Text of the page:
In an emailed statement to The Register, Scott wrote about some of his apprehensions surrounding the legalization.
“Multiple aspects of this issue, and how they are addressed in the bill, are concerning to me, such as how we detect impairment on our roadways, implement substance abuse education, keep our children safe, and weigh how legalization will impact the mental health and substance abuse issues our communities are already facing,” Scott wrote. “While I am not philosophically opposed, I feel it is crucial all questions are addressed.”
Herb Perez, an assistant principal at Burlington High School, thinks legalization may result in some misconceptions.
“I think there’s going to be some confusion from people. If young people believe that if it’s legalized it must be safe, well, there are a lot chemicals that are legal to use, but they’re extremely unsafe,” he said.
Perez said that if marijuana is legalized, the school will continue to provide information and support for students.
“For the most part, we will need to continue to do what we’re currently doing, which is to educate students through our health curriculum as well as other avenues where we are able to make sure that students are as aware as they possibly can be about the effects of marijuana, not only what it does physiologically to the organs, but also to their sensory motor skills and their ability to be able to commit short term to long term memory.”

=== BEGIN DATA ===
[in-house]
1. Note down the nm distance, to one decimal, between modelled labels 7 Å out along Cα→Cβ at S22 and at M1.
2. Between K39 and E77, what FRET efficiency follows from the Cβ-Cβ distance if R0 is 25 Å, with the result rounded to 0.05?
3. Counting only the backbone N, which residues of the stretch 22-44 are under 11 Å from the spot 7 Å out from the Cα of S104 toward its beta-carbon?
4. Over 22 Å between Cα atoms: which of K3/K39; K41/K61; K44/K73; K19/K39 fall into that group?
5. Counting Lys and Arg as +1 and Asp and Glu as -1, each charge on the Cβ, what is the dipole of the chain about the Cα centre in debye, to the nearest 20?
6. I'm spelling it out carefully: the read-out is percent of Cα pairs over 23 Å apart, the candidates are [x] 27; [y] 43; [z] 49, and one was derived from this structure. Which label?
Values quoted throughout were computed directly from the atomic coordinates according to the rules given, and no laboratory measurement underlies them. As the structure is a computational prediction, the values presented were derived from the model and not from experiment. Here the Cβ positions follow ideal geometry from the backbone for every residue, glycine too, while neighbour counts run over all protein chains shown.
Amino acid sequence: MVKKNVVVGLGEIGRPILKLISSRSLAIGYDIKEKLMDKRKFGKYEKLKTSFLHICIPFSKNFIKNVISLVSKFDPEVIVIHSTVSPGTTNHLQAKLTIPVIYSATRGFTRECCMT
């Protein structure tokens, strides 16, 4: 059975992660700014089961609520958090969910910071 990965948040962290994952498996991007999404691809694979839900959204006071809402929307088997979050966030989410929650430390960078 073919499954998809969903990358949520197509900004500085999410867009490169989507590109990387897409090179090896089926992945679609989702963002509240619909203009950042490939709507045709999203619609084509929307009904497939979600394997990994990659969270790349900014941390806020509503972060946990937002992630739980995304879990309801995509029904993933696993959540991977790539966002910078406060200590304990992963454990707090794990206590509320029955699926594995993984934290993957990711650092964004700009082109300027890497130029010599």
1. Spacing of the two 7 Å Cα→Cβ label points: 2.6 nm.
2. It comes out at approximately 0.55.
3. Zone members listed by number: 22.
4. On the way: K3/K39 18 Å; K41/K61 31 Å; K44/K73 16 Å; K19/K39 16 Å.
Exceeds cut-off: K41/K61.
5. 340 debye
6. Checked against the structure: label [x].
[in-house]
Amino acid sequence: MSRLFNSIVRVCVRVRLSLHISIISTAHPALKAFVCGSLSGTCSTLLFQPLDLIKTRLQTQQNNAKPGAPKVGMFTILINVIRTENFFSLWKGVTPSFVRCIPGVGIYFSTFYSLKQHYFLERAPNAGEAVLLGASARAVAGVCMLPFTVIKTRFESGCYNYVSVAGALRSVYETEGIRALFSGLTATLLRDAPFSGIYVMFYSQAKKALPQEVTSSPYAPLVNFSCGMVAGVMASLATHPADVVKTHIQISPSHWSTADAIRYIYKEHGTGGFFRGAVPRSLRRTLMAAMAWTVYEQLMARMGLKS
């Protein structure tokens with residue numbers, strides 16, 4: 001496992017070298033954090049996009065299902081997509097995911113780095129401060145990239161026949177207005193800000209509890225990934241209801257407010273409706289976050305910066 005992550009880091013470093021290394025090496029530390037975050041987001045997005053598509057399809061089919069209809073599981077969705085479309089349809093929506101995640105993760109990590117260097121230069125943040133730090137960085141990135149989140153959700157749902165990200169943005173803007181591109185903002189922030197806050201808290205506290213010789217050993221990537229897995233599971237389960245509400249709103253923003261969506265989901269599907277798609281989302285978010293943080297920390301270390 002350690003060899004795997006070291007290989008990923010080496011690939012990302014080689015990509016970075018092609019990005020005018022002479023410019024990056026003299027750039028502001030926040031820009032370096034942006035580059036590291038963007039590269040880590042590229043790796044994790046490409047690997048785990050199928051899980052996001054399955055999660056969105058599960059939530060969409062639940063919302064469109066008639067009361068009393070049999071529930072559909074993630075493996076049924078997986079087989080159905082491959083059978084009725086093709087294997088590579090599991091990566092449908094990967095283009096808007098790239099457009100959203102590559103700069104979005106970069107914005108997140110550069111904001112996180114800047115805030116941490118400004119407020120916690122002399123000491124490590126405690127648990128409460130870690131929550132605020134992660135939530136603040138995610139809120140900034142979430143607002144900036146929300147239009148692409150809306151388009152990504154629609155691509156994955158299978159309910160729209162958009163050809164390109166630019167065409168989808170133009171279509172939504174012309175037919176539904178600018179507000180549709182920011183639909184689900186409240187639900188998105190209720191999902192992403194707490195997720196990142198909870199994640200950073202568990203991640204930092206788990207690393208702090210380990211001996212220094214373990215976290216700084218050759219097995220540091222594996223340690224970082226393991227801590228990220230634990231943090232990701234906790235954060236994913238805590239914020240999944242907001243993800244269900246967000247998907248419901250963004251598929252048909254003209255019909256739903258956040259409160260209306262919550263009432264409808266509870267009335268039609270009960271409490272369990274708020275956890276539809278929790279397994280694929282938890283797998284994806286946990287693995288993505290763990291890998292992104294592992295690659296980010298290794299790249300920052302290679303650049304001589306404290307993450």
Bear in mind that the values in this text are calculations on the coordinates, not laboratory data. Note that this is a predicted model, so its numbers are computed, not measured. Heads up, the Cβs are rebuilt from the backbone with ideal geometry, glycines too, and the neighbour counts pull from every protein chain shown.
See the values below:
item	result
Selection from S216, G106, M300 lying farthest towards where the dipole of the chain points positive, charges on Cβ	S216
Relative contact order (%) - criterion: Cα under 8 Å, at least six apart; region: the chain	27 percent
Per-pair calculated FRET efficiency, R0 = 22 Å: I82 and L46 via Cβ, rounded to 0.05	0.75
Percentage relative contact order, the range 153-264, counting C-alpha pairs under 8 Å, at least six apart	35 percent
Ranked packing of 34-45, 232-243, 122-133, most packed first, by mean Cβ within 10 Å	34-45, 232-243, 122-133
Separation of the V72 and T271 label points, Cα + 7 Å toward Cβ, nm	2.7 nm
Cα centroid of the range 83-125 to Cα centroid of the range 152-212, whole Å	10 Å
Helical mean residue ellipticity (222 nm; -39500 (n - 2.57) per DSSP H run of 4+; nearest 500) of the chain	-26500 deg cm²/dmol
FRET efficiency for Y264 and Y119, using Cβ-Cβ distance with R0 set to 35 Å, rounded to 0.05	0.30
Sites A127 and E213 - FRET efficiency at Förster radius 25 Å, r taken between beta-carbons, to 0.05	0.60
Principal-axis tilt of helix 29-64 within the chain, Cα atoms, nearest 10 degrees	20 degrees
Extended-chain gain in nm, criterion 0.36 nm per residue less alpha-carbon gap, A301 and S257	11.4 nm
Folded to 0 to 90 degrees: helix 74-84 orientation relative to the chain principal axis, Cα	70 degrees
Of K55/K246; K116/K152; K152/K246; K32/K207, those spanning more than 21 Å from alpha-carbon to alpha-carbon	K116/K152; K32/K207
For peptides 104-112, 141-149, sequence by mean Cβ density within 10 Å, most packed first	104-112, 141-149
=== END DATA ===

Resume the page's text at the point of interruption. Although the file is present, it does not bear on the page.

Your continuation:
School Resource Officer Brian Difranco believes that legalization may make marijuana more accessible to BHS students.
“I don’t think it will affect BHS students too much because the people that are going to be smoking marijuana are already smoking,” he said. “I think it will only make it a little more accessible, and a little bit more normal because more families will be using it. It might increase in that way, thinking it’s a norm and it’s okay.”
Tara Holaday, the leader of the Above the Influence substance prevention group, fears that legalization will lead to reduction in perception of harm, increased access and troubles with highway safety. She hopes that prevention efforts will increase if marijuana is legalized.
“We already have a very comprehensive program in health classes, but, I think we would step up our efforts if we could, because I think it would be needed,” she said.
Sophomore Kayley Hays is a member of “You Matter,” another one of Holaday’s groups. Members focus on suicide prevention and creating a positive, happy community.
“You definitely want to be educated. If you’re smoking marijuana now, you should still be informed of the cautions, and stuff like that,” Hays said. “I think it’s good safety and we should definitely have more information taught to us of the good stuff about it, and the cautions we need to take.”
BHS English teacher Rob Bohn, on the other hand, guesses that legalization may make marijuana less accessible for teens.
“It seems from what I have noticed at U-32 (where his daughters attend school), all of these kids have it, and it’s because it’s illegal. It’s easier to get than alcohol, it’s easier to get than anything,” Bohn said.